Friday, December 12, 2008

 

A serious loss


By Edward Copeland
Something strange happens to me when I see a new film featuring a contemporary performer who has died. When I saw the ads for Soul Men with Bernie Mac, it was jarring and this happens to me a lot. However, when seeing The Dark Knight for the first time, I didn't get this feeling because Heath Ledger's work as the Joker is brazenly, brilliantly alive.


I think the fact that Ledger is unrecognizable beneath his makeup and with his voice that I didn't have my usual reaction to watching a recently deceased actor and was able to concentrate on the phenomenal performance instead.

As for The Dark Knight itself, it is even better than Batman Begins and Christopher Nolan continues his streak of proving himself to be a true cinematic find.

It's not that the film is flawless; it's overlong and Harvey Dent's transformation into Two-Face seemed tacked on and rushed in a way that short-changes Aaron Eckhart's chances to do anything with the character.

The Nolan Batman films are much darker, almost humorless, when compared to the series of films that Tim Burton started and Joel Schumacher destroyed, but the funnyman in me still wanted to see when Eckhart's face gets disfigured, an African-American actor take over the role to make up for Billy Dee Williams somehow turning into Tommy Lee Jones in the other series of films.

Despite all the good things The Dark Knight has going for it, Heath Ledger really makes the movie work. When all the initial Oscar buzz began about him, I suspected it might have been people caught up in grief over the talented young actor's untimely death. Now that I've seen it, I'm a believer. I loved Jack Nicholson's Joker in Tim Burton's Batman, with his ability to be both funny and scary but I always knew it was Jack. I never knew it was Ledger: His Joker is as enigmatic at the end of the film as he is at the beginning. No explanation. No back story. Just a uniquely insane criminal force.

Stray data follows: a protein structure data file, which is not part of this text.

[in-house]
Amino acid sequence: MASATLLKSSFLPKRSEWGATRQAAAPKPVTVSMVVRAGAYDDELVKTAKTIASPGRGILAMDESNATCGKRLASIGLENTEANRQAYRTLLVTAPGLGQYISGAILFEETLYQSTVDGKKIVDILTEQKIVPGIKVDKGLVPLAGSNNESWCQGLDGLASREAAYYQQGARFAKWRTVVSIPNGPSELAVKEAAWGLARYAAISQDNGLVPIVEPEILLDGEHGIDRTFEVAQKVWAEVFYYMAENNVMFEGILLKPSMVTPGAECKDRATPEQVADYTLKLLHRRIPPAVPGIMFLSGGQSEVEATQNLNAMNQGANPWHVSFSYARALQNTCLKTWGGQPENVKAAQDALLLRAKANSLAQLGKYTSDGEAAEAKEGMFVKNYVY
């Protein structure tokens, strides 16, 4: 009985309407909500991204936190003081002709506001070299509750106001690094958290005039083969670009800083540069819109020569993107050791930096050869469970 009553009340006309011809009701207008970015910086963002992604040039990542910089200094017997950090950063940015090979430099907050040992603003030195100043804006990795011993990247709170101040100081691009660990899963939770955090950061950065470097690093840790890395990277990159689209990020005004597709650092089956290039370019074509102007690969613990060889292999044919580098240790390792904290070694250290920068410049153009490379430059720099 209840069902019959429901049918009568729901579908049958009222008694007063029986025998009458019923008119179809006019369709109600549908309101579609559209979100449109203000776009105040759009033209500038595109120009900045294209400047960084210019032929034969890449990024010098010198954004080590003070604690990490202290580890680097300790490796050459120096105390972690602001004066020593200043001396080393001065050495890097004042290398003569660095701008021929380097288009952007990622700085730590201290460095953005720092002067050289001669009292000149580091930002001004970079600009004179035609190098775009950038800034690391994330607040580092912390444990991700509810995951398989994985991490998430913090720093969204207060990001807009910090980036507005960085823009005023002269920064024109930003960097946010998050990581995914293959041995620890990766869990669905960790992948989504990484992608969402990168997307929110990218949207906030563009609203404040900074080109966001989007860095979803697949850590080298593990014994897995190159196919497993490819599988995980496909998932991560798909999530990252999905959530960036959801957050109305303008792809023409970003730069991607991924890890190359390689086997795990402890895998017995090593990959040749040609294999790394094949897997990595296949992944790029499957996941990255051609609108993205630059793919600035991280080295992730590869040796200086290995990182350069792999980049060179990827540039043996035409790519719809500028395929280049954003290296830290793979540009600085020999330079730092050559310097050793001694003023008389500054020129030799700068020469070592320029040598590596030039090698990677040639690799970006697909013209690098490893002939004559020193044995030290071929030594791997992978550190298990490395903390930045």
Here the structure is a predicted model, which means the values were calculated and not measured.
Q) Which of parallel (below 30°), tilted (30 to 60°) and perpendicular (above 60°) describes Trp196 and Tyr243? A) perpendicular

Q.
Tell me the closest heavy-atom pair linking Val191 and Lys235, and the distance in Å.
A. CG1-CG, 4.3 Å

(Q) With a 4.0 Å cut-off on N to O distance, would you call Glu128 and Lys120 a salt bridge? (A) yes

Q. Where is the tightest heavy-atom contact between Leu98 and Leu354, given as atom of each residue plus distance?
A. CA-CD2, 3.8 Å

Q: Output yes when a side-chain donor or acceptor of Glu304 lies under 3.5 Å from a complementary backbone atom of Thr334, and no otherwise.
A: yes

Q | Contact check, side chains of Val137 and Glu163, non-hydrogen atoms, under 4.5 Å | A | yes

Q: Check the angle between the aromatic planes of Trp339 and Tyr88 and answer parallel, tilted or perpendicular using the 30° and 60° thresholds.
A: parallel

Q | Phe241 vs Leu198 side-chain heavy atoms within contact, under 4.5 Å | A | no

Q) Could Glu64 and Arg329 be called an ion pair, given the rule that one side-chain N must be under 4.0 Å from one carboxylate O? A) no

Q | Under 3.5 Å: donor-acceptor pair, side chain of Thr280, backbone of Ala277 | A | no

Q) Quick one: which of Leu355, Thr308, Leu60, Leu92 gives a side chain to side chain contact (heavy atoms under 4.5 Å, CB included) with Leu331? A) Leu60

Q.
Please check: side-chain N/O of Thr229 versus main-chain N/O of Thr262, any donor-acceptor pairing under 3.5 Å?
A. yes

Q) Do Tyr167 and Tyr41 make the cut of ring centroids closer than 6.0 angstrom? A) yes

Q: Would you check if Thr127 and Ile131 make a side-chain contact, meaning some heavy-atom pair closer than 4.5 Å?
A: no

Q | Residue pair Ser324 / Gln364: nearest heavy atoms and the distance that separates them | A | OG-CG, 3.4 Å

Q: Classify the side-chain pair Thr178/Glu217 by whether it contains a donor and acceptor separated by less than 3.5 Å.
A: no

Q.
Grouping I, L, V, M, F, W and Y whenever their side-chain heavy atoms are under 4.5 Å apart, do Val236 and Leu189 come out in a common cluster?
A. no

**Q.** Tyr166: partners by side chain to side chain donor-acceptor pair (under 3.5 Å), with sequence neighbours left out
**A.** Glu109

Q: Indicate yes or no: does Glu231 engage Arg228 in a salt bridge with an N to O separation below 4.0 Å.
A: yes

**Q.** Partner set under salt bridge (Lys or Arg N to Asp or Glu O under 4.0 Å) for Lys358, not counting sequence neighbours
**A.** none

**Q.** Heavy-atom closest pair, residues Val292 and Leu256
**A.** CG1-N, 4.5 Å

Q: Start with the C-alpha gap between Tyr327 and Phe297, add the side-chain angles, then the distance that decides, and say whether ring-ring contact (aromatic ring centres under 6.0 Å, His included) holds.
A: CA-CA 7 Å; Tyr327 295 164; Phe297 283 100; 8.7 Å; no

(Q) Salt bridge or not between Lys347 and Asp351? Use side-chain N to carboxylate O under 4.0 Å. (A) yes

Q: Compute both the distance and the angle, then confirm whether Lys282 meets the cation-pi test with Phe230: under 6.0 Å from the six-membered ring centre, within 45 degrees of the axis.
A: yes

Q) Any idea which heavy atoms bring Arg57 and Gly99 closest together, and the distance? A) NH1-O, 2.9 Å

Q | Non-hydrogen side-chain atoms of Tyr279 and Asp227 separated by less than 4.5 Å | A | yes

Ledger's creation and the way Christopher and Jonathan Nolan wrote the Joker in the screenplay is brilliant. The best bad guys almost always are the ones that we don't get an explanation for why they are the way they are. What we do know about Ledger though was he had great potential and wide range and his loss feels even deeper now than when the news first broke.


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Comments:
The Joker is a comic strip character.

"The Dark Knight" was quite literally so dark more than half the time I couldn't tell what was going on.

It was equally a strain to understand what the hell Batman was murbling on about, but then I quit and spared myself any additional anguish. He remained steadfastly incomprehensible for the duration. So be it.

However, it did reach incredible decibel levels and those managed to keep me awake and on edge.

It's been ages since the Oscars have held any interest for me, and I don't know what, if anything, this jumbled mess of a film won, but based on Ledger's performance as the Joker, he deserves a gold star for work finally well done.

Thanks,
babette
 
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